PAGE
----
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Amanda Knox found herself on Italian soil over the weekend for the first time in four years. It proved to be an emotional return for the 31-year-old, who spent years wrongly imprisoned in the country for a crime she was ultimately acquitted of.
Knox was a featured speaker at the Criminal Justice Festival in Modena on Saturday, where she addressed the subject of “Trial by Media,” CNN reports.
Knox, then an American student studying abroad in Perugia, made international headlines when her roommate, British student Meredith Kercher, was murdered in 2007. Knox and her then-boyfriend Raffaele Sollecito were collared for the crime and both went through a tumultuous series of convictions and acquittals before Italy’s highest court acquitted them both of Kercher’s murder for a final time in 2015. Another person, Rudy Guede, was ultimately convicted of killing the student and is currently serving 16 years for the crime.
Knox, who was a tabloid staple during her lengthy legal battle in Italy, had not returned to the country before Saturday. Now a journalist and advocate for the wrongly convicted, she opened up about her own experiences with the media’s handling of her famous case, which she said included “clickbait stories” and speculation.
“On the world scene I wasn't a defendant, innocent until proven guilty,” she said. “I was a clever psychopath, dirty and drug-addicted whore, guilty until proven innocent. It was a false and unfounded history that lit up people's imagination because it fed fears and fantasies.”
Knox, at times, seemed to fight back tears, outlets report.
She expressed a desire to one day meet Giuliano Mignini, the lead prosecutor in Kercher’s case, according to CNN. She said Saturday that Mignini’s participation in the Netflix “Amanda Knox” documentary opened her eyes to the “genuine and noble motivation” that Mignini had to bring Kercher’s killer to justice.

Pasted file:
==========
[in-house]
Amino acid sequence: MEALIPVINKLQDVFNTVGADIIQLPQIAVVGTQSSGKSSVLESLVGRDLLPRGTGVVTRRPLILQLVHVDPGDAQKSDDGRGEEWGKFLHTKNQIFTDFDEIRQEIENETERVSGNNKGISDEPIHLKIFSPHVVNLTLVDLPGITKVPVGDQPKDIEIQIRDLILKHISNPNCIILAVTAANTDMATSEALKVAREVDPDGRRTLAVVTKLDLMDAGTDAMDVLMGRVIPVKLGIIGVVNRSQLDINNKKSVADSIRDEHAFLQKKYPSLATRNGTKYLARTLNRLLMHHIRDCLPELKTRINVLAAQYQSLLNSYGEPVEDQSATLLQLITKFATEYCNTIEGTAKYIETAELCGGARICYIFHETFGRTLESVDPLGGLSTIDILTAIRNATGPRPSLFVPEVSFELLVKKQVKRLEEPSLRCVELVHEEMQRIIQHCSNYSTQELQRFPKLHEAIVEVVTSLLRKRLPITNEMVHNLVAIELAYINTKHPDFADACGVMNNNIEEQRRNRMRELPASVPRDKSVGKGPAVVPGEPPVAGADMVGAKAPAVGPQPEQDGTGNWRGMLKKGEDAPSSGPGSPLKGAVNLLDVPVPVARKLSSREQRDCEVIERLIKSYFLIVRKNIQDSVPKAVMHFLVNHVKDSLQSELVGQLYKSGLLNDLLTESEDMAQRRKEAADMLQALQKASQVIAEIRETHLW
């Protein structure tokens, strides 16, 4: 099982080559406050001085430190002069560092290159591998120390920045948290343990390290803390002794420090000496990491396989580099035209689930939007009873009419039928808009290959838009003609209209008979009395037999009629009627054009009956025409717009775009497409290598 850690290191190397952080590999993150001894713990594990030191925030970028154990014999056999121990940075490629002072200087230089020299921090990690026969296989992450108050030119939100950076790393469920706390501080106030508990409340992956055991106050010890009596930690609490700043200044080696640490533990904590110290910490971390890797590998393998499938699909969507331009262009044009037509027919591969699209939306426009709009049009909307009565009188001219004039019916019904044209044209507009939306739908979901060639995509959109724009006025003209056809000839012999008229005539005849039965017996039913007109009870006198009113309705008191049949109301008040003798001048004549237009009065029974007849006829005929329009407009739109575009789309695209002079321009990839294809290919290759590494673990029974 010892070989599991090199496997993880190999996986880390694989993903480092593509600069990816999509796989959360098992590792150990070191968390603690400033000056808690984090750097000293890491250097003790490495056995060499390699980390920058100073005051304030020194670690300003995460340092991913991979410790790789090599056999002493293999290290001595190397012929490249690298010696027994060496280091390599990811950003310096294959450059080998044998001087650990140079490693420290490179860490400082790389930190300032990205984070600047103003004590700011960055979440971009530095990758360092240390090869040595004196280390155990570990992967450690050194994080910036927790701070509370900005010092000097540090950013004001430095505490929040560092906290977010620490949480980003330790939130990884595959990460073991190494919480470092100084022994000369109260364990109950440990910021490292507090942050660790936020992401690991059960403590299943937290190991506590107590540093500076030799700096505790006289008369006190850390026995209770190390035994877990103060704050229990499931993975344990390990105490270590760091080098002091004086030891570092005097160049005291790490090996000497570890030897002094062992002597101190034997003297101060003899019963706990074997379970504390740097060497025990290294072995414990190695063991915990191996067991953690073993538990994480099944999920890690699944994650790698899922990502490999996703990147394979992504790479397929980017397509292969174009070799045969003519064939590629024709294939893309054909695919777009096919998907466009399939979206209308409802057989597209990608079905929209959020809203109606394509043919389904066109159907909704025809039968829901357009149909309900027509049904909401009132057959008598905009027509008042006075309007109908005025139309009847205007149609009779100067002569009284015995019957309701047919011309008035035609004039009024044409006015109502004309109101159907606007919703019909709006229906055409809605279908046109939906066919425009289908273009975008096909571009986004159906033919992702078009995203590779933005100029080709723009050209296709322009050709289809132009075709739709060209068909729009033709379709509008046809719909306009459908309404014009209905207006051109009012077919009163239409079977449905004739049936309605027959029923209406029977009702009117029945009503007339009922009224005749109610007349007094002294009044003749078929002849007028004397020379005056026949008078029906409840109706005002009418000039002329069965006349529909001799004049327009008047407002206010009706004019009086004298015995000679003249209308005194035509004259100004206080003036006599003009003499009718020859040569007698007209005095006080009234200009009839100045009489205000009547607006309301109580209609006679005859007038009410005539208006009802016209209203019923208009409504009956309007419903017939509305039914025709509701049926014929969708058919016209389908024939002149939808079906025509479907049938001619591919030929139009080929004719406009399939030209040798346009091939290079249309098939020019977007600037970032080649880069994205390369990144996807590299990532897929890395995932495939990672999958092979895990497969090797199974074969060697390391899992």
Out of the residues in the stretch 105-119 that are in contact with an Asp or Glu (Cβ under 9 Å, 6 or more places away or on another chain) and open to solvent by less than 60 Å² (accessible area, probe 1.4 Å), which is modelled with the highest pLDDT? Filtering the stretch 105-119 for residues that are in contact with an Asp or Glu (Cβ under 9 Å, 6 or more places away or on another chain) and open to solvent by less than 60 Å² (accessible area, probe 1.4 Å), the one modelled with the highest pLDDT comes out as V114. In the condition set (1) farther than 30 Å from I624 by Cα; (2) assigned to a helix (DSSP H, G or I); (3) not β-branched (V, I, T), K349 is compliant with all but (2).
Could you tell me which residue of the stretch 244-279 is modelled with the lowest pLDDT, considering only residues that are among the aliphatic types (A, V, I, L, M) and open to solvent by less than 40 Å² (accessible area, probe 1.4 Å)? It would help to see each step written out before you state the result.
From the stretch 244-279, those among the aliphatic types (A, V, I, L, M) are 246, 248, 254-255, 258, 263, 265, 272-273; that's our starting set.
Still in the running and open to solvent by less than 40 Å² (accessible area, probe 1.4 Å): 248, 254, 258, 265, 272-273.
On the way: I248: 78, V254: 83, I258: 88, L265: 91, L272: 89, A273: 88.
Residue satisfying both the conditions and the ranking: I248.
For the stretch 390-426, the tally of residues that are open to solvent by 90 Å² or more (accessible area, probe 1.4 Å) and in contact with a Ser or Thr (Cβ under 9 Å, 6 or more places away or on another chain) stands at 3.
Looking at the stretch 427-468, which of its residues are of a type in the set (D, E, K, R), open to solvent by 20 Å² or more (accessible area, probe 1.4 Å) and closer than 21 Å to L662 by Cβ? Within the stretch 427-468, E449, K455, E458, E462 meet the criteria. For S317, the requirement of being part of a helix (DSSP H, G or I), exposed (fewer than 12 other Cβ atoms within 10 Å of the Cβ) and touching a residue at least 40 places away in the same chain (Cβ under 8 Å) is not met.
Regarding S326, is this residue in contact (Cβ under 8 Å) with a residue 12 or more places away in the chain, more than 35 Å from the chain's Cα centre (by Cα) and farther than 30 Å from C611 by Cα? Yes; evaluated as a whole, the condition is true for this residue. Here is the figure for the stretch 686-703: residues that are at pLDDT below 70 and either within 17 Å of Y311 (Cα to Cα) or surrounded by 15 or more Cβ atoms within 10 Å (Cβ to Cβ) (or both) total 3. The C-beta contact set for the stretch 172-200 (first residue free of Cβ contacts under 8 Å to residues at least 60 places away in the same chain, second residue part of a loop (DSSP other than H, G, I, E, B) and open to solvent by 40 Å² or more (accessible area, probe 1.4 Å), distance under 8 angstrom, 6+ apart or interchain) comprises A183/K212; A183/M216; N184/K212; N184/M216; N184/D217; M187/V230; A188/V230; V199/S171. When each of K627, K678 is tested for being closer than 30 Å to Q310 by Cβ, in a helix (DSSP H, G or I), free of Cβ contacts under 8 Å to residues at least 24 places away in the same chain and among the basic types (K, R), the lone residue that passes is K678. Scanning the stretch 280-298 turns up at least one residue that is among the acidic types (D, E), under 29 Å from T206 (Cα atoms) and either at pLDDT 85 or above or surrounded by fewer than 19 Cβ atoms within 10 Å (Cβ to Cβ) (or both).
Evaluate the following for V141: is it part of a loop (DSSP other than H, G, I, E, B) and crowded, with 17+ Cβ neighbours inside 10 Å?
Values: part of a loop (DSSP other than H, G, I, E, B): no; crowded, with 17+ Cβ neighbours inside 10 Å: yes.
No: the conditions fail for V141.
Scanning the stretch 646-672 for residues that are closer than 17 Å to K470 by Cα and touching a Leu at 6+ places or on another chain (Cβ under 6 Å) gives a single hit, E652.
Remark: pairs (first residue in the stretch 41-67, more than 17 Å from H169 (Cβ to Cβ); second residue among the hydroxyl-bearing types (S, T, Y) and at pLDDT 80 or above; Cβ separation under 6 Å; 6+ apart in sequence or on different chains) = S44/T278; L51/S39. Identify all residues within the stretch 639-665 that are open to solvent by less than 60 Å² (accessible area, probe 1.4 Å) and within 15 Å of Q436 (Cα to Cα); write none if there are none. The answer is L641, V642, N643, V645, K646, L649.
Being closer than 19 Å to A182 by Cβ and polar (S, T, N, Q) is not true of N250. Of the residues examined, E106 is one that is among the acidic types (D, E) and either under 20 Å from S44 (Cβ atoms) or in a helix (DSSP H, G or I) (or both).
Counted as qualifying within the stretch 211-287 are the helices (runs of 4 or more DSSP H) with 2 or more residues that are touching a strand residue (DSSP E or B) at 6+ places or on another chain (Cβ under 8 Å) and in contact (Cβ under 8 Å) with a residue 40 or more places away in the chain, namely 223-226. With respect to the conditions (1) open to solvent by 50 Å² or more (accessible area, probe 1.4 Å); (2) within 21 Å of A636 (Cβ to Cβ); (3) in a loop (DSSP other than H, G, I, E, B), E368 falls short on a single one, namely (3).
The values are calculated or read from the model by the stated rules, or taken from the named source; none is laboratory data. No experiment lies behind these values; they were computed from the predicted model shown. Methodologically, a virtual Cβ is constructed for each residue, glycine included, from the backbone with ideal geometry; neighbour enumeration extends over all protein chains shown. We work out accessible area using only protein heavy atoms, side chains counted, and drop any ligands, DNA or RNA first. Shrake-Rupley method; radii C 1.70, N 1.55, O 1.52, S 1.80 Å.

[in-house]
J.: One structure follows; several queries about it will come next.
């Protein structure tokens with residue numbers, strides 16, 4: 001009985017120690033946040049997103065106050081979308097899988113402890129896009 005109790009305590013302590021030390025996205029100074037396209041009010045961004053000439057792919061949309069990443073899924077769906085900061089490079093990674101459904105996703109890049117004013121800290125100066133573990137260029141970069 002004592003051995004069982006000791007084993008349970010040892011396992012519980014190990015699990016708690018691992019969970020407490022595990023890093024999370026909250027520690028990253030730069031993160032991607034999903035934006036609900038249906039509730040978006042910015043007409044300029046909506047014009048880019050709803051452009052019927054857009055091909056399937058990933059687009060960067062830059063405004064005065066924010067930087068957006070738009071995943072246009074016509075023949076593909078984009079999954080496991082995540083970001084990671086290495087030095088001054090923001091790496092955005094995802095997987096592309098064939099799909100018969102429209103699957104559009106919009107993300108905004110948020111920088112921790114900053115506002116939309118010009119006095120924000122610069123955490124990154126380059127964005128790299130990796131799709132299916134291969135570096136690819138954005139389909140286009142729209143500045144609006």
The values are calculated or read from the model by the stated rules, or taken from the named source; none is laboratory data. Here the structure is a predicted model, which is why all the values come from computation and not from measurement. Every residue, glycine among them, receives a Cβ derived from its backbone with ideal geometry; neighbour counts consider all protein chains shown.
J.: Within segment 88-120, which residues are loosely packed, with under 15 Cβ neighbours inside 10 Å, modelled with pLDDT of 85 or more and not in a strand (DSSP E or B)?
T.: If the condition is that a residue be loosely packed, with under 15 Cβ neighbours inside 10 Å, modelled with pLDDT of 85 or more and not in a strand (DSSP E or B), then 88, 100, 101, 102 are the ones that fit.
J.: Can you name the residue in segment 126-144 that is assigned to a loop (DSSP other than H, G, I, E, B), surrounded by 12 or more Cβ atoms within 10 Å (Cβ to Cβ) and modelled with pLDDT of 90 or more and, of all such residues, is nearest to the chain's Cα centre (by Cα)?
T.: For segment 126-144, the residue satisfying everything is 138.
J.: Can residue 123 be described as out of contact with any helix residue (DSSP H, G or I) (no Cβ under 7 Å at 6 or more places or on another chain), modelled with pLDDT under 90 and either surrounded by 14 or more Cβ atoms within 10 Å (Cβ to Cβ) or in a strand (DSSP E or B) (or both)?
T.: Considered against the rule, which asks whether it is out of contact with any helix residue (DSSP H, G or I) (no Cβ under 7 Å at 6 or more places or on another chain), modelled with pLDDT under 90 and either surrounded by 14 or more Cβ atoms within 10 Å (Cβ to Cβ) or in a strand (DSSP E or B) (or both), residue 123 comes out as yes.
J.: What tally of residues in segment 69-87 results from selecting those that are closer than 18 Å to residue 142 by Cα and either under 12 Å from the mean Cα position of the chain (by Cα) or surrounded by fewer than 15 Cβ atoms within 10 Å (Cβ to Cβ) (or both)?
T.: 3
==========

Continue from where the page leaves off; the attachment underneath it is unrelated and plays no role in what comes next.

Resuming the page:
“One day I'd like to meet the real Dr. Mignini, and I hope that when he comes, he will also see that I am not a monster, I simply am Amanda,” she said. “I have the same hope ... that being brave enough to face you and meet you face to face we can get to some sort of understanding and reconciliation.”
“Because the real justice happens when we see the other people with compassion, when we judge with moderation and when we come back to each other after the pain with the courage of an open heart,” she continued.
Knox, who previously wrote on Instagram that she felt “frayed” at the prospect of going back to Italy, addressed that fear during her talk Saturday and explained why she still felt the need to make the trip, according to Italian outlet, The Local.
“To tell the truth I am afraid, afraid of being harassed, insulted, afraid of being trapped and new accusations being directed at me,” she said. “I have come back because it was something I had to do — there was a time when I felt at home in this beautiful country and I hope one day to recapture this feeling.”
Francesco Maresca, attorney for the Kercher family, called Knox’s return “inappropriate and uncalled for” in a statement to the Telegraph last month, but Knox defended her decision on Saturday.
"I know that, despite my acquittal, I remain a controversial figure in the face of public opinion, especially here in Italy. I know many people think I am wicked," she said, according to The Local. “Some have even suggested that by being here I am once again traumatizing the Kercher family and profaning Meredith's memory. They are wrong.”
She continued, “The fact I continue to be held responsible for the Kerchers' pain shows how powerful false narratives can be and how they can undermine justice, especially when reinforced and amplified by the media.”
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